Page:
By BRYAN RAHIJA
It's been almost four years since the Government Accountability Office (GAO) issued a scathing report on the Defense Contract Audit Agency (DCAA)--a key contract oversight agency at the Pentagon--and it's time to ask ourselves whether taxpayers are better off as a result of the "improvements" implemented by DCAA.
If performing audits and saving taxpayer dollars is a measure of success, then the answer is a resounding no. As an article by government contract law professor Richard C. Loeb in the latest issue of Government Contract Costs, Pricing & Accounting Report outlines, DCAA has had a reduction of over 400 percent in audits completed in fiscal year 2011 since 2008—a reduction of nearly 23,000 reports per year. The reduction in audits represents almost $330 billion in contract costs going unaudited in FY 2011 alone—and that doesn't count the growing backlog from prior years.
Meanwhile, staffing levels at DCAA have actually increased since 2008.
According to Loeb, this output is unacceptable:
During the peak of the 1990s “acquisition reform” movement, some contractors and others sought to diminish, if not altogether eliminate, DCAA audits. Contractors no longer need to lobby for these reductions in audit oversight. DCAA has now done it to itself. It is unfathomable how anyone would think that potentially building a backlog of audits of over $1 trillion is acceptable. It is unfathomable how anyone would think that a reduction of over 20,000 audits performed per year during the last three years is acceptable. Spending valuable taxpayer dollars documenting audit results far in excess of [generally accepted government auditing standards] GAGAS requirements should be unacceptable to everyone.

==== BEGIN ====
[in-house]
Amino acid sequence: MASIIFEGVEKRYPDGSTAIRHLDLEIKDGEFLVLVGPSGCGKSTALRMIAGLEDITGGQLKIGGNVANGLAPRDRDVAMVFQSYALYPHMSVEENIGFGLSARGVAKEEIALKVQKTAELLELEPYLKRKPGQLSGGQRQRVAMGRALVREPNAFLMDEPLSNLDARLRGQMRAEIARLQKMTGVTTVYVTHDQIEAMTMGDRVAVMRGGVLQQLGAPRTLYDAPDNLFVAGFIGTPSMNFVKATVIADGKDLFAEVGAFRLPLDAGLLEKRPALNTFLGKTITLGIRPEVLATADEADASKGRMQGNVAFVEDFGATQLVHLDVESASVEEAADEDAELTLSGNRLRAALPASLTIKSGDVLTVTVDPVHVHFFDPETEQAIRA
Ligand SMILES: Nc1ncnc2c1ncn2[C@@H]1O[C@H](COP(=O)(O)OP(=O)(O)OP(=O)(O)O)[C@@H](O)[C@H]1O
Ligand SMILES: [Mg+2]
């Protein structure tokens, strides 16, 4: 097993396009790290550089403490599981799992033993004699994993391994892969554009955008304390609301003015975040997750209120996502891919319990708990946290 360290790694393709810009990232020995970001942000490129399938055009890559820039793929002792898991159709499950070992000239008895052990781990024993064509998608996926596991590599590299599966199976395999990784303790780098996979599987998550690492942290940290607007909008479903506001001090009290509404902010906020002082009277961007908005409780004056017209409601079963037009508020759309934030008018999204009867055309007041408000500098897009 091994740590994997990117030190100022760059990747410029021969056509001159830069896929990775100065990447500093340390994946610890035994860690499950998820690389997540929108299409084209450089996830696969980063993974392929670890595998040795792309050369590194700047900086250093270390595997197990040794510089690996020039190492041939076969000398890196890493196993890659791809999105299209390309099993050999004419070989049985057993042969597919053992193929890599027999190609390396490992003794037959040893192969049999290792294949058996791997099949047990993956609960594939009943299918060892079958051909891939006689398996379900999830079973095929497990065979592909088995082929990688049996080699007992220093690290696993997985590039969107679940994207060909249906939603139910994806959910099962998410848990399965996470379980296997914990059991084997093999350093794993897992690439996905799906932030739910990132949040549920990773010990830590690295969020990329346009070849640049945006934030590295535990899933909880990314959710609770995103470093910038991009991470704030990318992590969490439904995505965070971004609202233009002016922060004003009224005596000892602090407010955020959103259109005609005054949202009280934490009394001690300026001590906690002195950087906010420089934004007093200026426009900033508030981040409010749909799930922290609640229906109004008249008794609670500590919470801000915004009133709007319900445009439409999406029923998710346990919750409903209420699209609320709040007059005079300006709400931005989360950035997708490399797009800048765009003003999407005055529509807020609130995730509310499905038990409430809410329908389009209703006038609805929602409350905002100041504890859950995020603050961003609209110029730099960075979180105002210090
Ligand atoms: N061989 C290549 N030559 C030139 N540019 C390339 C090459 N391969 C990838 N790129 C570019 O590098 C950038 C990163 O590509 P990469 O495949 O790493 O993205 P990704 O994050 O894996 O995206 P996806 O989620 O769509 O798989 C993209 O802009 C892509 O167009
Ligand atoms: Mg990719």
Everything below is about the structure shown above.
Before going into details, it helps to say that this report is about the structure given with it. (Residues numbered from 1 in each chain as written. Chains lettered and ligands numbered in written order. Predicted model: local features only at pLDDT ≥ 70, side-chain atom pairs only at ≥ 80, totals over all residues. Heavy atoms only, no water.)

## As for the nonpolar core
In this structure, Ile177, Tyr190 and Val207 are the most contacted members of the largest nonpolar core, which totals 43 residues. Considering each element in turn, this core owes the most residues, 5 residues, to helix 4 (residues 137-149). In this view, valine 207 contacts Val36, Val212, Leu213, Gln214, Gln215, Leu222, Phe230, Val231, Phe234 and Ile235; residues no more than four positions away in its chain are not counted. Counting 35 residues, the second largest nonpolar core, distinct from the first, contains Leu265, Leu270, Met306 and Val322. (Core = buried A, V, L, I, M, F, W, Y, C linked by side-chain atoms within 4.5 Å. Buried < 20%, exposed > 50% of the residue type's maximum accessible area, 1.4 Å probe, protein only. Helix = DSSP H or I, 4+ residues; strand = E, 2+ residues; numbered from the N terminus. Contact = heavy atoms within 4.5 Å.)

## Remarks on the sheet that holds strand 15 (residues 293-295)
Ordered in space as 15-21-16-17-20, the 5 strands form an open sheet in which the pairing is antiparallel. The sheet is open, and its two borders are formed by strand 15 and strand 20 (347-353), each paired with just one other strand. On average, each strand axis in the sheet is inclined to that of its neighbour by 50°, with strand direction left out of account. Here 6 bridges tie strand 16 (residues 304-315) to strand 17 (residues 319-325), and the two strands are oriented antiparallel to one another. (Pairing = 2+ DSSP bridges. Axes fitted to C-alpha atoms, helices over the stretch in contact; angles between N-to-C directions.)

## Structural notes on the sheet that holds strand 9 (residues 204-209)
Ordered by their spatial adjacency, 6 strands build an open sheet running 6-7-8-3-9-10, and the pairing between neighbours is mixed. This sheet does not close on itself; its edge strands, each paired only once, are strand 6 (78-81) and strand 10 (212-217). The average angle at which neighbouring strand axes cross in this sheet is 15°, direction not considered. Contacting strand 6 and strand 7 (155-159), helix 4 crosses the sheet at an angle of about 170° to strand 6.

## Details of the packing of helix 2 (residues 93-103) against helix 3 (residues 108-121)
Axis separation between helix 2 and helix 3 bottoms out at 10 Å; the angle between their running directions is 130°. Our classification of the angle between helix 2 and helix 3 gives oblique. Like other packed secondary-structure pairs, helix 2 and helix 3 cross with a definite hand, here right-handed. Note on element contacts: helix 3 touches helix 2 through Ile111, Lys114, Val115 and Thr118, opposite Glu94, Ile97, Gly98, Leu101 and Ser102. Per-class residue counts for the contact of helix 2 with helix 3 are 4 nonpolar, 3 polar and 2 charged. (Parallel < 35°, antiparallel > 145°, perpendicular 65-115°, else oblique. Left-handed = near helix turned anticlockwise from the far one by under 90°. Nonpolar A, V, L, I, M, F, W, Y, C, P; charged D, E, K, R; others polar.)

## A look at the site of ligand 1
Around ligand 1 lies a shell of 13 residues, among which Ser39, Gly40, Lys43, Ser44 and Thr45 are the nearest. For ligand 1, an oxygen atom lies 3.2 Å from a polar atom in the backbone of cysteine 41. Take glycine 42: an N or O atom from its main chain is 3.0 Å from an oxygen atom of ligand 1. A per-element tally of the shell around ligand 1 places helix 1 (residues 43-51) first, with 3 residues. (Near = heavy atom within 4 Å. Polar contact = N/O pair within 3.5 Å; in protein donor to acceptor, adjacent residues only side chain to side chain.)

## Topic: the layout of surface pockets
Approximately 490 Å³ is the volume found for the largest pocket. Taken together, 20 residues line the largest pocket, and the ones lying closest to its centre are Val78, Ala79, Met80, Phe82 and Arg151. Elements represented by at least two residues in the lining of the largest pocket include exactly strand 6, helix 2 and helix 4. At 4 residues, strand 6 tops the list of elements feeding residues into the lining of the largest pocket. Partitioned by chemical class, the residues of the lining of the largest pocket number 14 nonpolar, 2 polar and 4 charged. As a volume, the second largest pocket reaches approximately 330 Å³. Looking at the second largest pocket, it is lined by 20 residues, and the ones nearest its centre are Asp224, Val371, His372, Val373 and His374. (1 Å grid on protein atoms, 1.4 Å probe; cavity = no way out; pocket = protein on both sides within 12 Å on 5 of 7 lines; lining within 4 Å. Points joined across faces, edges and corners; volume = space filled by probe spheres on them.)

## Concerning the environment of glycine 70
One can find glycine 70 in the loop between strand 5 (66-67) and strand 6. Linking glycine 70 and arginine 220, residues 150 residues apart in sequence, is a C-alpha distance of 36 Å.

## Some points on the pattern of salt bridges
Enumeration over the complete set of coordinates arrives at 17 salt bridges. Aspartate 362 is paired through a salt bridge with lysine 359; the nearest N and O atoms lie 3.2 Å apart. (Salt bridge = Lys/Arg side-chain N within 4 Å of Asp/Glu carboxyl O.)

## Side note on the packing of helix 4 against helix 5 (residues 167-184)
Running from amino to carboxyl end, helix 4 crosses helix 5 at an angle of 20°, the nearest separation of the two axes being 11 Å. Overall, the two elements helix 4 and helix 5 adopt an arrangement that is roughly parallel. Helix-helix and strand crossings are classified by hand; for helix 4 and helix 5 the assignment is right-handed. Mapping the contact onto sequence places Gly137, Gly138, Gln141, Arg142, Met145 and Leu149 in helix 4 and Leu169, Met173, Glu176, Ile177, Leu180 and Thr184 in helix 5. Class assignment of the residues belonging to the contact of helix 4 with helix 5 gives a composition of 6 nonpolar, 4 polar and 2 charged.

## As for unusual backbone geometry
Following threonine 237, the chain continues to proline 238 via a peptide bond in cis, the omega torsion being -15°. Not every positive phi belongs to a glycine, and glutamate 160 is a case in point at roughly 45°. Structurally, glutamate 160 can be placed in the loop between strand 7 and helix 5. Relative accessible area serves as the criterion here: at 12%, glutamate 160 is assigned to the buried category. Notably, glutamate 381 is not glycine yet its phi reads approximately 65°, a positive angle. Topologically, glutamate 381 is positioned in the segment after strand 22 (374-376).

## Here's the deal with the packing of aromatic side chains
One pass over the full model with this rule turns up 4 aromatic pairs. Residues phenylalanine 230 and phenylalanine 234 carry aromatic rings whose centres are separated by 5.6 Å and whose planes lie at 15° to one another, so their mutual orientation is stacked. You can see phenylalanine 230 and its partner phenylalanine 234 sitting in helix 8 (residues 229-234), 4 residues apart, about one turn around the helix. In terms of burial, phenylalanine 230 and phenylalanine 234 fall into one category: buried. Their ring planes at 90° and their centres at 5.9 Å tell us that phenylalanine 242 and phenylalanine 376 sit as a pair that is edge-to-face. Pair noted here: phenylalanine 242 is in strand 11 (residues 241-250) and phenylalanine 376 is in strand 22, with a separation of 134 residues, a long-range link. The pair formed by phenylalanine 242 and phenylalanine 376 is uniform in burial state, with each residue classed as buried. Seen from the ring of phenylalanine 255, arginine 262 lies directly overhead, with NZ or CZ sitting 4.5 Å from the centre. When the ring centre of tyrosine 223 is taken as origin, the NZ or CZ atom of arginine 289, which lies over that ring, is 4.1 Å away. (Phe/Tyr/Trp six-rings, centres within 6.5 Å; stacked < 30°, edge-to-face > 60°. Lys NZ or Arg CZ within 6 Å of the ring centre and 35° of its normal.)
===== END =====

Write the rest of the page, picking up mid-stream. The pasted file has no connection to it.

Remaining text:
We have to agree—drastic action is needed to cure DCAA’s ills. At the current rate of DCAA'S auditing efforts, the backlog of contract cost audits will soon exceed $1 trillion dollars—an amount that is incomprehensible and will take years to complete, if ever. Based on a reading of DCAA's recent report to Congress, there is no specific action plan to get DCAA back to performing audits. We urge the Secretary of Defense to immediately assess the state of DCAA and develop a comprehensive and timely action plan for corrective action.
As the article concludes:
With the billions of taxpayer dollars that are awarded annually in government contracts, there is a need for a DCAA that conducts both qualitatively and quantitatively outstanding audits. The current DCAA approach satisfies neither consideration. It is time for DCAA to more appropriately balance these factors, rather than merely making sure that all “the appropriate boxes are checked.” It’s time for DCAA to concentrate on its core mission, and conduct contract audits.
Bryan Rahija edits POGO's blog.